Slipping through the murk of the swamp into the solid ground but dense foliage of the woods, Sarevor and Cove tentatively made their way in the direction of the Esophagor.
When they found him, Cove was slightly unsettled by the sight of a bodiless mass with glowing red eyes and a mouth staring at him from out of the ground. He’d heard of the Esophagor before, but he’d never crossed his path until now.
Those red eyes glided slowly toward Cove, the expression on the Esophagor’s shapeless face looking mildly irritated. For a moment, Cove was worried that he was standing on some part of the Esophagor and had to look down to ascertain that he was not.
“What?” the Esophagor grumbled, and the ground beneath Cove’s feet shook slightly with his deep voice.
“We’re looking for a witch named Tippy. Can you tell us where she is?” Cove asked.
The Esophagor’s gaze now went from Cove to Sarevor and then back to Cove, at whom he aimed an irritated expression, pouting his lips as if answering this question was a great inconvenience to him. Cove didn’t see how a simple yes or no answer could be so troublesome.
“Yes,” he said finally.
They waited, but the Esophagor did not appear keen to say more. Sarevor—the less patient of the two—tried again.
“Well, where is she then?”
Red eyes shifted to take Sarevor’s smaller frame in. Cove had a feeling that the expression on the Esophagor’s face was now one of dislike, but Sarevor didn’t appear too troubled by this, as the feeling might very well have been mutual.
“The answer you seek requires a spooky milkshake, an icy negg, and a Lupe treat.” The Esophagor pursed his lips and then added, “And make it a meaty one.”
For a moment, neither Draik nor Usul moved, and then Sarevor made a little choking sound, as if he couldn’t believe what he was hearing. He was trying to make them bribe him for an answer? He dared to act in such an insulting manner before the king?
“Are you serious?” Sarevor demanded, cutting over the more civil reply that Cove had been about to speak.
The Esophagor growled. “How can I think on an empty stomach?”
Sarevor gaped at the beast, but before he could make another hot reply, Cove cut smoothly in to rescue the scene from turning into an argument. Sarevor had many amazing, commendable qualities, but he also had a short fuse, and Cove knew this better than anyone.
“I appreciate the fact that you cannot very well get food on your own, my friend,” Cove allowed, “but we have nothing with us, and we’re in a hurry. Please, any information you can give us will result in an outcome I’m sure you won’t regret.”
The Esophagor looked skeptical at this, not quite understanding what the Draik meant, and he studied him for several long minutes before, finally, as if he’d come to some conclusion, his eyes came to rest on Cove’s arm. He gave a little gasping start as he made out the bottom half of Cove’s tattoo from under his sleeve. This obvious recognition made Sarevor smile.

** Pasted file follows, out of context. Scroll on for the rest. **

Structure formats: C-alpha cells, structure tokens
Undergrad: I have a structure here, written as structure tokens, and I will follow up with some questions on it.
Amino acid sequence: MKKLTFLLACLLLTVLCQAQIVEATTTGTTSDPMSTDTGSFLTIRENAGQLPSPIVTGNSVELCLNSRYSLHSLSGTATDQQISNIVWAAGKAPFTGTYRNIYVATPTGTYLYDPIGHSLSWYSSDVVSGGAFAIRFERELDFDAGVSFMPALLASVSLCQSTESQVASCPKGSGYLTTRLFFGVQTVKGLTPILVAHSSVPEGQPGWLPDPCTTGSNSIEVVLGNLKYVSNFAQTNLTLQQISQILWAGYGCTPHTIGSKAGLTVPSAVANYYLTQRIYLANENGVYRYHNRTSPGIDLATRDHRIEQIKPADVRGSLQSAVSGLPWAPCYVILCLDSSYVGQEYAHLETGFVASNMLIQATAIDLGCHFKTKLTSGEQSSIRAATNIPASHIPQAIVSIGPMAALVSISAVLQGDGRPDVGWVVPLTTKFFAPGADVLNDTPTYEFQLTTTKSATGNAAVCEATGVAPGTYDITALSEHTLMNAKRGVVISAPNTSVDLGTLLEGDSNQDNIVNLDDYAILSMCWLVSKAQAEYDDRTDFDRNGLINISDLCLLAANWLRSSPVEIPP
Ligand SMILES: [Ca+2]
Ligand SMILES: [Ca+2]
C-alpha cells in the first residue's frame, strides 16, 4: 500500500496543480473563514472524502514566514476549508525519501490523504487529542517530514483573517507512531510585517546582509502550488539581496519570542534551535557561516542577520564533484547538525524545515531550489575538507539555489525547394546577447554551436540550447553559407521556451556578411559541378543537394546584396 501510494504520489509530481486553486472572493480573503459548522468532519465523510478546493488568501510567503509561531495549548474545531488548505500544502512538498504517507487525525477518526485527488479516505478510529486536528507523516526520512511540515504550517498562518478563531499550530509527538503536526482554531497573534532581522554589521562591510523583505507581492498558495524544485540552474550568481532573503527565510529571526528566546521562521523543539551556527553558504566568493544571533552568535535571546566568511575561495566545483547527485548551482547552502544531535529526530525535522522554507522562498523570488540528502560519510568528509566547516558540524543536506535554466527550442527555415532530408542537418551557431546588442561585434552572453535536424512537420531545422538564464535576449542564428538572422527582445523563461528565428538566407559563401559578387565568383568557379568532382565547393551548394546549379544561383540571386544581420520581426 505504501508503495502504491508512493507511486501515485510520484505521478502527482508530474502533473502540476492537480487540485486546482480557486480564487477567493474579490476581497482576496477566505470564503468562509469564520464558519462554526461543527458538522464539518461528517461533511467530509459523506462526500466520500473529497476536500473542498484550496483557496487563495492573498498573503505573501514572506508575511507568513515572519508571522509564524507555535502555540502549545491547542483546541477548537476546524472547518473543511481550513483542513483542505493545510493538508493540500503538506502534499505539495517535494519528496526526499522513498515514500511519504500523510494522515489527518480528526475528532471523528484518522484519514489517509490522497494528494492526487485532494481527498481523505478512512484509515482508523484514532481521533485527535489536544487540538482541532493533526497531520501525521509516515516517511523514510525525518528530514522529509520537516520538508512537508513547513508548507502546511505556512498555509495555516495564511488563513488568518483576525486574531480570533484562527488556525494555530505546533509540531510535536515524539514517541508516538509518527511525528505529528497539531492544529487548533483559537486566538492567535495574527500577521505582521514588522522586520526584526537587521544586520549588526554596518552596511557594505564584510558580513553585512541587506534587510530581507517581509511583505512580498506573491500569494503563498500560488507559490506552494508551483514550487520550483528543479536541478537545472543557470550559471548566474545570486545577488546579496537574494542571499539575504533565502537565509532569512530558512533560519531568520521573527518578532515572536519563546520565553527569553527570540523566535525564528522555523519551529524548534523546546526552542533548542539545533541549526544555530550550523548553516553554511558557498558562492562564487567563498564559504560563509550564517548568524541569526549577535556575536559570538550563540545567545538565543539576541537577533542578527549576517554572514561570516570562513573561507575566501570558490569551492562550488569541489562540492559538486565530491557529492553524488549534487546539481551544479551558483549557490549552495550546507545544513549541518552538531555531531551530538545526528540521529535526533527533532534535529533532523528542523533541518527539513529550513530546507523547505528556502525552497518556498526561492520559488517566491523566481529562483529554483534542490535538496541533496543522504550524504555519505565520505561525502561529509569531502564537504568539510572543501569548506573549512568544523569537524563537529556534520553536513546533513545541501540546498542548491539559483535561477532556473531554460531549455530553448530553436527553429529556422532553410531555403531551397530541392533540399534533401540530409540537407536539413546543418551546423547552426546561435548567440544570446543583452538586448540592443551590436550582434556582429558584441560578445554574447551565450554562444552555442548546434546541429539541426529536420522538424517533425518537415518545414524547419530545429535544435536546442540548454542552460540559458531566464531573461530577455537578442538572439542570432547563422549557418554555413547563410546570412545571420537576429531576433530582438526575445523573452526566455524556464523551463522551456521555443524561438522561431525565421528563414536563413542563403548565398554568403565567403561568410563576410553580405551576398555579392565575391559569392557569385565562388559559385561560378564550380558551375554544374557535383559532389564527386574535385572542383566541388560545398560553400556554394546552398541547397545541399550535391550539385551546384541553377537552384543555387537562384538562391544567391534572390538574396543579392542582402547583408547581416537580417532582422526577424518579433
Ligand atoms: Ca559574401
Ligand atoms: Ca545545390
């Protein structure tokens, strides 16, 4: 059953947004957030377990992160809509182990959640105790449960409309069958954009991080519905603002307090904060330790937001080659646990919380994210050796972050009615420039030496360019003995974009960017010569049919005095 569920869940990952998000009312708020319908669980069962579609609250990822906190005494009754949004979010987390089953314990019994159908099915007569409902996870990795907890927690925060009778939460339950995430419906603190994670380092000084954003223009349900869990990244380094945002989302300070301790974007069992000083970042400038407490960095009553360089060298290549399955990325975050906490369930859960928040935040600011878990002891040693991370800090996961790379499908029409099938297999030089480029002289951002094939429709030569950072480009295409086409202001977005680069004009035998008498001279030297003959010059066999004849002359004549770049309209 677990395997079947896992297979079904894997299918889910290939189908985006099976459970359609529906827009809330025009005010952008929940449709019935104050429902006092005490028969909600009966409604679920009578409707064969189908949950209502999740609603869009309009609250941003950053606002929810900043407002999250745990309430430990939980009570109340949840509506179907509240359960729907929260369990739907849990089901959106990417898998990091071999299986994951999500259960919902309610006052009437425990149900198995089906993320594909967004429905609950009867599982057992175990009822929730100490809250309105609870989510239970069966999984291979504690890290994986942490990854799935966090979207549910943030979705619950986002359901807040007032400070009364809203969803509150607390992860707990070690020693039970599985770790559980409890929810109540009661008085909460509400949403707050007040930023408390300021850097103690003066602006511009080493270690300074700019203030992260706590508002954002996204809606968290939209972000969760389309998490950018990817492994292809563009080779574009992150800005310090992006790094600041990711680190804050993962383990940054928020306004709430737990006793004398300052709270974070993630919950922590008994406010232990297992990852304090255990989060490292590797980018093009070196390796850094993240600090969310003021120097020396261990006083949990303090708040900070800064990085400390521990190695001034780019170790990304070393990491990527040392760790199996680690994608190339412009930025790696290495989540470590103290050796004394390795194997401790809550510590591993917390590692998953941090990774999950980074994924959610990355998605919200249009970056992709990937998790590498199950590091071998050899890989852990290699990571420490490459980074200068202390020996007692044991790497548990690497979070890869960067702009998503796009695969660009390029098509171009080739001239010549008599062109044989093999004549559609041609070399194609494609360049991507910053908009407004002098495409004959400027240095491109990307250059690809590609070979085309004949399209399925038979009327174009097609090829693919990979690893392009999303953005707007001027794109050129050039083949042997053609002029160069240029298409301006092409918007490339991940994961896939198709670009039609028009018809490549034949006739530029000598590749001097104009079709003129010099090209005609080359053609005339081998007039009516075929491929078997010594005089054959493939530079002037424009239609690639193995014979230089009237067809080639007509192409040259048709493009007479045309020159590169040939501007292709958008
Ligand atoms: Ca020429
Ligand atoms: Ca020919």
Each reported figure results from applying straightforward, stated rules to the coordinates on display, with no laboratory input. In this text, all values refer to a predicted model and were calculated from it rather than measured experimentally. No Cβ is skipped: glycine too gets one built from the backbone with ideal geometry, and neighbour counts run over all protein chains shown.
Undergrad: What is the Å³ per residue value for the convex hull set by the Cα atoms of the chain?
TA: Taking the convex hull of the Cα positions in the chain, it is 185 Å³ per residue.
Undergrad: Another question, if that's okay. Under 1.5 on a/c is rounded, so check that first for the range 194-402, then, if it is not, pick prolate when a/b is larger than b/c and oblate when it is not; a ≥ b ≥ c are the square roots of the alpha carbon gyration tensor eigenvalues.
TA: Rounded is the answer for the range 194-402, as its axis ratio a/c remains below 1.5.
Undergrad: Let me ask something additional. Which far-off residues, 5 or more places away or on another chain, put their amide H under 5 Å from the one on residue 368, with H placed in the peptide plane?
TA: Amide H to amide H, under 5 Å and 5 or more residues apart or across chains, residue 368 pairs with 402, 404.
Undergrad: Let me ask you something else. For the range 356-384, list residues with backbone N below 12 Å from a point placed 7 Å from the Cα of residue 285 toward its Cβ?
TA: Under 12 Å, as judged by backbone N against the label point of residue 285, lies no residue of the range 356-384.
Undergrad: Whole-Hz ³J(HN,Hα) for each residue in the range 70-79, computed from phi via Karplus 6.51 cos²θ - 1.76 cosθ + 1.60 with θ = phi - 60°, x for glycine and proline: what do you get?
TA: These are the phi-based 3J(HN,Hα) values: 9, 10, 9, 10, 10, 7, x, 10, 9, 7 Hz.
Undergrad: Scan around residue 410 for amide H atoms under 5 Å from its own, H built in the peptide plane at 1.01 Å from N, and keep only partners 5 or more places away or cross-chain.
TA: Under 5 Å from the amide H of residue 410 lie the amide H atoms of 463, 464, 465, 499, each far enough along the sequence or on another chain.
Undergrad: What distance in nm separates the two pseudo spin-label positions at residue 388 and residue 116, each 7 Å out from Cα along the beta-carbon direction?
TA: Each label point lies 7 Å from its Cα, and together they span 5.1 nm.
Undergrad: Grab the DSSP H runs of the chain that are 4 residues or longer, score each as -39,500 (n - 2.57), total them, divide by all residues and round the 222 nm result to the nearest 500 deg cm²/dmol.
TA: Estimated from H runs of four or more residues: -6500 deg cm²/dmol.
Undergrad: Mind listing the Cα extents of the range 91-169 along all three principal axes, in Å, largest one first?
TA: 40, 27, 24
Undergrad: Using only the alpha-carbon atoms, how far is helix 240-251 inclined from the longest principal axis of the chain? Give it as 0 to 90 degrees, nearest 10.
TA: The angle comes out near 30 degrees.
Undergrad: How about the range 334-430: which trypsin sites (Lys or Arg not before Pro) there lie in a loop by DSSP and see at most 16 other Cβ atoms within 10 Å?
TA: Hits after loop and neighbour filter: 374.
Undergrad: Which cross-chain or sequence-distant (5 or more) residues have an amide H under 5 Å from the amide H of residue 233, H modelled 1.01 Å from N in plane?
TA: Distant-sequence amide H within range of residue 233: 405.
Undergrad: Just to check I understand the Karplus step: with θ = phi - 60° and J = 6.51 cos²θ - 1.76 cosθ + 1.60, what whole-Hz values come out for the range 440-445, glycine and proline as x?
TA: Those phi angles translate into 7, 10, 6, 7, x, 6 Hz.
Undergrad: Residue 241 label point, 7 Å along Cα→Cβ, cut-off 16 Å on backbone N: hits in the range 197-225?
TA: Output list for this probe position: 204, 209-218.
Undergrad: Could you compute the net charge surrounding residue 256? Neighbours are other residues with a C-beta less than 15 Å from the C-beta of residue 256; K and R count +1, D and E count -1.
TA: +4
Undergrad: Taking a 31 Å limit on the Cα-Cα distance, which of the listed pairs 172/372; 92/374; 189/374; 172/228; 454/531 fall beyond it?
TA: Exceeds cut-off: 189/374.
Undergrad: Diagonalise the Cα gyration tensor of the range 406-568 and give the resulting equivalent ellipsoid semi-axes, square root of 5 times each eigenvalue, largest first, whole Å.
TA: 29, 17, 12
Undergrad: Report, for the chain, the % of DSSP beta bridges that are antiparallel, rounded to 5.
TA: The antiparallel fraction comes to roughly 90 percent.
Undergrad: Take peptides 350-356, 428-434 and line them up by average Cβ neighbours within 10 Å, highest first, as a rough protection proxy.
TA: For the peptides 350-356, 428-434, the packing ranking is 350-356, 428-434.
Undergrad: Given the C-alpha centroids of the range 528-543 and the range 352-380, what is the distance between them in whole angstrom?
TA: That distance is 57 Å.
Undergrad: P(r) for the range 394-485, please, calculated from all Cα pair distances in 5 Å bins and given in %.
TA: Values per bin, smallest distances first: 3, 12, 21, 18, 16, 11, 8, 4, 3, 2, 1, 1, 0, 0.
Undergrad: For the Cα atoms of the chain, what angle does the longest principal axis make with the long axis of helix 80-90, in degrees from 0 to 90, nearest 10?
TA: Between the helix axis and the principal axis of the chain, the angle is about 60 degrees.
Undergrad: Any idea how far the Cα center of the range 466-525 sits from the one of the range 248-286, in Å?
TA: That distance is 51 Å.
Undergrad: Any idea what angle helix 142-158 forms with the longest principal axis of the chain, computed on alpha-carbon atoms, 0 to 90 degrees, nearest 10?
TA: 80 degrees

“Walk that way until you come to a lightning-damaged tree, then turn right. You’ll pass through a small clearing. It’s inhabited by Werelupes, but they’ll let you pass if you show them your arm. Keep going until you find a small dirt path. Follow it, and it will lead you to her shack,” the Esophagor blurted in a rush, and then fumbled with an, “I’m sorry... for earlier.”
Cove thanked him, but the best Sarevor—chagrined—could manage was a smile before they hastily left the Esophagor and took the path he designated. They only had a little trouble getting through the Werelupe clearing—in which they were allowed to meet the Werelupe king, Javiod, who finally allowed them passage while even wishing them luck when Cove had flashed his tattoo—and the journey to the shack took little more than an hour.
However, when they finally did reach the small home, they lost several minutes of precious time when they merely stopped to gawk at it. Like the typical description of a shack, it was a small box of a place made out of uneven wooden boards that looked worse for wear. The roof was sloping, the small porch was missing a few boards, and the one window was cracked.
But Cove and Sarevor had still never seen anything like it. It was painted a coat of brilliant, neon pink so dazzling that it seemed like a pink beacon in the darkness of the woods. Vines were growing up its sides blossoming violently yellow flowers like merry bursts of sunlight. Even the short stack of the chimney protruding from the roof was bizarre in the fact that it seemed to be puffing out tangerine orange smoke.
To top it off, a wooden sign sat just before the shack, stuck into the ground and leaning hazardously to the side. It was painted lime green with large black lettering that read:
THE CURE TO ALL POISONS IS A POTION OF HAPPINESS!
Just after the exclamation mark, a childlike drawing of an Aisha’s smiling head had been sketched in with tiny hearts floating around its ears.
Before either of them could begin to question what kind of Neopian lived in such a place—or before, even, the laugh that had been bubbling up Sarevor’s throat could escape—the door to the shack swung open with such force that it smacked the wall and bounced back at the Aisha that stepped out from behind it. It bumped her in the shoulder but she appeared not to notice.
“Oh guests! I knew you were coming! A bit sooner than I expected, but come in! Come in! I was just making some borovan!”
To be continued...